Free-Market Analysis: We've often pointed out that banking is the "biggest bubble" – at least until a feedbacker pointed out to us that government actually is. But banks probably run a close second. In the 20th century, especially, central bankers were the unacknowledged priests of high finance and banks were (and are) their temples. It is instructive to notice how many banks have classical-style facades reminding one of, say, the Parthenon. Another sub dominant social theme: "Bow down if you will at the alter of probity and wealth! Here everything is made good again."

But the ongoing failures of US banks provides us with the opportunity to ask, "banks, who needs 'em?" That this question still has the capacity to shock shows us how effective this central money power promotion really is. For most people, unfortunately, banks are the place from which they will think to seek funding to start a business venture or buy a home or refurbish a kitchen. In fact, banks are not necessary for any of this.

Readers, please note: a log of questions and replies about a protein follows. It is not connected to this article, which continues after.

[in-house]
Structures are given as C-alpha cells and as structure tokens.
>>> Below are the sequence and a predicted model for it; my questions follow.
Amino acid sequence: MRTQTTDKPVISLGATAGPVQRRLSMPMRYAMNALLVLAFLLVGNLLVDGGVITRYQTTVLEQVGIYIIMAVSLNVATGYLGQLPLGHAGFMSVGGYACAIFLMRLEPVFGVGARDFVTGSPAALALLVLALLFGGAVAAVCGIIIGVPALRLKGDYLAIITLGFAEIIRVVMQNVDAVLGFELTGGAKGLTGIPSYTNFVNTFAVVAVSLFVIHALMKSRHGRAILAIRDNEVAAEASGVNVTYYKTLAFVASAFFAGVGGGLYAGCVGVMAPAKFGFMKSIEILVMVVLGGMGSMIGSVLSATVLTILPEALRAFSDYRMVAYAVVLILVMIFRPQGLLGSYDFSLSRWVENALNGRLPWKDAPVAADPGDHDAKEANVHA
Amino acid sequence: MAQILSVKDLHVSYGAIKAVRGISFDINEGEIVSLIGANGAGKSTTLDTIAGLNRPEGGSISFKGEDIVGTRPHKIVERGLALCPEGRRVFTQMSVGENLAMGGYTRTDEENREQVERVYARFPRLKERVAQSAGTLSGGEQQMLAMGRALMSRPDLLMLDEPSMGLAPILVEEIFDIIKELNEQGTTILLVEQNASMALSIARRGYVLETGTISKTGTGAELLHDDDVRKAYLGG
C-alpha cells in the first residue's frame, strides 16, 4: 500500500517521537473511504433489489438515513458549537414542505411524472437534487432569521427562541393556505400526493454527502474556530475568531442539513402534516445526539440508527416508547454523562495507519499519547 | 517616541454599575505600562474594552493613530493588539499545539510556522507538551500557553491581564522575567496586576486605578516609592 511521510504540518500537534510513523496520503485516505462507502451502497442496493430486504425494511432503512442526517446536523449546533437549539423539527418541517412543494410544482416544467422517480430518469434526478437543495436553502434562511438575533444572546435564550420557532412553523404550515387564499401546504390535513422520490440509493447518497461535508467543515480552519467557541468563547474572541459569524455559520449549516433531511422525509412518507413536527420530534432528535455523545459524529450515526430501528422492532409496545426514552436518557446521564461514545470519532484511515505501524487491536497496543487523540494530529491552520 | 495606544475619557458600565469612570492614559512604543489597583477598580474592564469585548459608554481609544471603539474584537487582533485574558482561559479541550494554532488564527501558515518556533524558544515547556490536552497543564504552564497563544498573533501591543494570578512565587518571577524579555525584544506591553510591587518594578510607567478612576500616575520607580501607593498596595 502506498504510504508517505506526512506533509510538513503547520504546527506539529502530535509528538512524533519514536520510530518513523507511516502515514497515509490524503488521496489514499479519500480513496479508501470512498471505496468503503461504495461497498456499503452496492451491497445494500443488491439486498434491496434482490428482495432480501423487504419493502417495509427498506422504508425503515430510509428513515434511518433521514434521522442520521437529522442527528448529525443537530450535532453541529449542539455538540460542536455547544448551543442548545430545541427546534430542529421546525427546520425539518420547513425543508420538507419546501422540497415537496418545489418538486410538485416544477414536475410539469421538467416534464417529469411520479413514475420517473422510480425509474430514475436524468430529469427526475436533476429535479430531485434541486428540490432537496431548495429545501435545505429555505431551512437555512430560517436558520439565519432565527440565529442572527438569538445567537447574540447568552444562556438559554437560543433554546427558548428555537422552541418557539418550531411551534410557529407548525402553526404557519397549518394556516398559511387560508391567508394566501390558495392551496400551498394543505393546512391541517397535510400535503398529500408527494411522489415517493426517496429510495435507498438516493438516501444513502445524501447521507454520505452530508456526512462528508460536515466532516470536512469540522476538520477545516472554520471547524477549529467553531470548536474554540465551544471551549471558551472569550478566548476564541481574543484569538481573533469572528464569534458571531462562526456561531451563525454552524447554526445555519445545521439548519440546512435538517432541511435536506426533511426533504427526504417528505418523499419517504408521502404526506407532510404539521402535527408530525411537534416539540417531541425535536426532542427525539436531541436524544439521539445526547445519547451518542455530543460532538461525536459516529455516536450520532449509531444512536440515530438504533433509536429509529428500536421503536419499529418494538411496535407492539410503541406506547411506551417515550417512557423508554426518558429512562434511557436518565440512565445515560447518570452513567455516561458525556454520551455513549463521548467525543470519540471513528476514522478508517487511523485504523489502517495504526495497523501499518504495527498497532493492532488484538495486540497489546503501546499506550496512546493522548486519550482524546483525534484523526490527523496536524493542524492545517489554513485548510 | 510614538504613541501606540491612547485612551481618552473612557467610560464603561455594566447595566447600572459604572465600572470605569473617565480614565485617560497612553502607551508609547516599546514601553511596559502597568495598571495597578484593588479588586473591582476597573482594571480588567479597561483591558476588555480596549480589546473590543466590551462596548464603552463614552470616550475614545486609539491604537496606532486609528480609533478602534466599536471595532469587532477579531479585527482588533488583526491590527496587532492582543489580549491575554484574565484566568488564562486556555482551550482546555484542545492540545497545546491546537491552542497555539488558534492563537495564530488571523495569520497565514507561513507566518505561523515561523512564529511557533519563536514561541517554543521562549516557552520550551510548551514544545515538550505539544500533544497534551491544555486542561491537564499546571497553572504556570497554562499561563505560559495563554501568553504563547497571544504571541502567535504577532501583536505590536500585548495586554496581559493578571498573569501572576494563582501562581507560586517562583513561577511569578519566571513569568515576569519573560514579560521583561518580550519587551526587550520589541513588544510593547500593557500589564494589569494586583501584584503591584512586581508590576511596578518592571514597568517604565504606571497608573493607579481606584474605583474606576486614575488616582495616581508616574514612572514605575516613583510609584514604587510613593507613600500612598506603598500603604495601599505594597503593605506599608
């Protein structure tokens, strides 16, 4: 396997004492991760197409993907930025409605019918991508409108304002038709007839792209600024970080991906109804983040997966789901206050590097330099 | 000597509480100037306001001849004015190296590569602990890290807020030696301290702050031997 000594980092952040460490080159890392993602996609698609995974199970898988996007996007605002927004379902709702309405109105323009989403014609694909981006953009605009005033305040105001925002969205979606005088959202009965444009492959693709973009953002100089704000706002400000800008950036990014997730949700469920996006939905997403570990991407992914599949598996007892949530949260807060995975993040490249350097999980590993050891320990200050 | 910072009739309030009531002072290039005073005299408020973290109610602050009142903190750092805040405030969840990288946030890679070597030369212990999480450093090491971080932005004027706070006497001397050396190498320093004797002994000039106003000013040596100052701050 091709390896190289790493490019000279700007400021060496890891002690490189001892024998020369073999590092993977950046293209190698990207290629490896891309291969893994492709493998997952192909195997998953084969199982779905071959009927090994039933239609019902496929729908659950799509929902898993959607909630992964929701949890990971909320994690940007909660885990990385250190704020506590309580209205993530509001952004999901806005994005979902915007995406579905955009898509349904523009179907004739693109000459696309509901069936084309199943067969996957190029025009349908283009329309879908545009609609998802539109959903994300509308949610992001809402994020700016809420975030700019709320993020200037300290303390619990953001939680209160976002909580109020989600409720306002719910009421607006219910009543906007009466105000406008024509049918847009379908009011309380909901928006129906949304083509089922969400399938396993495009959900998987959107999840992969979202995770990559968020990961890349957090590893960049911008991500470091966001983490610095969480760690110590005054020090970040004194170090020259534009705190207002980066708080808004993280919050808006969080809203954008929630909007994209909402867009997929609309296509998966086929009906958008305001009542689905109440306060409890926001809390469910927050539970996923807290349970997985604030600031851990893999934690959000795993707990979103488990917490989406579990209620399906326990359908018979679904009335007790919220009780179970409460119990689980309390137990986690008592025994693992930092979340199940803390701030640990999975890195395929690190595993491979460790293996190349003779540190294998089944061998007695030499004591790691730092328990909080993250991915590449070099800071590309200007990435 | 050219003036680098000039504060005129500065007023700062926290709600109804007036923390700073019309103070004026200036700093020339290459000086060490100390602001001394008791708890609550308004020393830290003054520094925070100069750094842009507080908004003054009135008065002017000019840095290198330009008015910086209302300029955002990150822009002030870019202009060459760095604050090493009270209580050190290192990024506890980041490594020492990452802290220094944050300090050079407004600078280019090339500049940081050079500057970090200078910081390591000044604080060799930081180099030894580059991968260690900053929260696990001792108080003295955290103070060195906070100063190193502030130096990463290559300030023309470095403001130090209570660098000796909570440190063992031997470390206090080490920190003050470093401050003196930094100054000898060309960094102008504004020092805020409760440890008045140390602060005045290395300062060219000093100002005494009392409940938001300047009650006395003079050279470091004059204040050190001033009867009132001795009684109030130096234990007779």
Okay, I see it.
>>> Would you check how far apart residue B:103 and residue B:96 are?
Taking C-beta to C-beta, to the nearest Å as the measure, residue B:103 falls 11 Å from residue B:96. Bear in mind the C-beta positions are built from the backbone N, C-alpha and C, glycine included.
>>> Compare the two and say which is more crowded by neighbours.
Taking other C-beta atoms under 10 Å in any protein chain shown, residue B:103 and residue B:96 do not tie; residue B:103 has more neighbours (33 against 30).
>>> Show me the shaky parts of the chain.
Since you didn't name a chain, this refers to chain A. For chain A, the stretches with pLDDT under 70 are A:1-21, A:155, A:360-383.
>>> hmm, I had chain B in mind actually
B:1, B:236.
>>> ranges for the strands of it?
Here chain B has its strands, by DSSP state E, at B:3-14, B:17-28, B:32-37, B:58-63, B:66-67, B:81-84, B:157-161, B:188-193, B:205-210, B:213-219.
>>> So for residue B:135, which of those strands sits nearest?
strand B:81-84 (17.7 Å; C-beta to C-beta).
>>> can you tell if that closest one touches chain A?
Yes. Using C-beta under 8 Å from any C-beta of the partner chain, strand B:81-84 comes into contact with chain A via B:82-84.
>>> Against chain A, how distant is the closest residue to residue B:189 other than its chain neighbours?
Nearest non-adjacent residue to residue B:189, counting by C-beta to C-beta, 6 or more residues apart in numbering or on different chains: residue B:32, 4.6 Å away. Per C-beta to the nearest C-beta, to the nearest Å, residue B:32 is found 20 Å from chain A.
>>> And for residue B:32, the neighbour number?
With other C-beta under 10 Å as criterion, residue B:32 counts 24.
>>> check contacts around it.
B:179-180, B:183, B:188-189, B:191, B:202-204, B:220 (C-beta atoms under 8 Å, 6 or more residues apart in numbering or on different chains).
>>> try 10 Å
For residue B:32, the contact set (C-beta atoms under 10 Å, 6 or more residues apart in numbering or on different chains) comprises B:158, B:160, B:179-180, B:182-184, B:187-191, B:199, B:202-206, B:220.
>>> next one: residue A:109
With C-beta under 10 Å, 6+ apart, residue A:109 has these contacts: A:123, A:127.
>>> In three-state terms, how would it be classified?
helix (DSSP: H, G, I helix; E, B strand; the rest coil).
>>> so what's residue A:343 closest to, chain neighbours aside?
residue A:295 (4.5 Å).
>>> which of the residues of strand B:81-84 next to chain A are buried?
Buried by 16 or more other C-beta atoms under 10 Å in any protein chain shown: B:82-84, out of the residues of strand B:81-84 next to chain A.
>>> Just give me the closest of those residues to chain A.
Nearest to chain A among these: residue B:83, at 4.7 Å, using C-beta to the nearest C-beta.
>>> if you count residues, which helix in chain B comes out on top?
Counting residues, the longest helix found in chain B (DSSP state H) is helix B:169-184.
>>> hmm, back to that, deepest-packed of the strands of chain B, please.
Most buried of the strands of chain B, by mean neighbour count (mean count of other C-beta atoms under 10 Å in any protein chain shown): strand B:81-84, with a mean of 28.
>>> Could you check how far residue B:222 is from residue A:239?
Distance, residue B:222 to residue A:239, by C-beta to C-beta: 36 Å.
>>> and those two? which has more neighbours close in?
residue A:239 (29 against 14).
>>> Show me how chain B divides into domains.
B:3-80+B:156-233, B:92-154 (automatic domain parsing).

Neolithic banks were initially temple-places, apparently, and then more generally money warehouses for precious metals. In such places as America (during its time of free-banking) there were plenty of other sorts of warehouses including restaurants, hotels, etc. Many of these issued scrip in the form of receipts. And the receipts were accepted locally. Central banks also issued such scrip. In the modern day, these invoices are seen as "money," though they are no longer redeemable for gold or silver.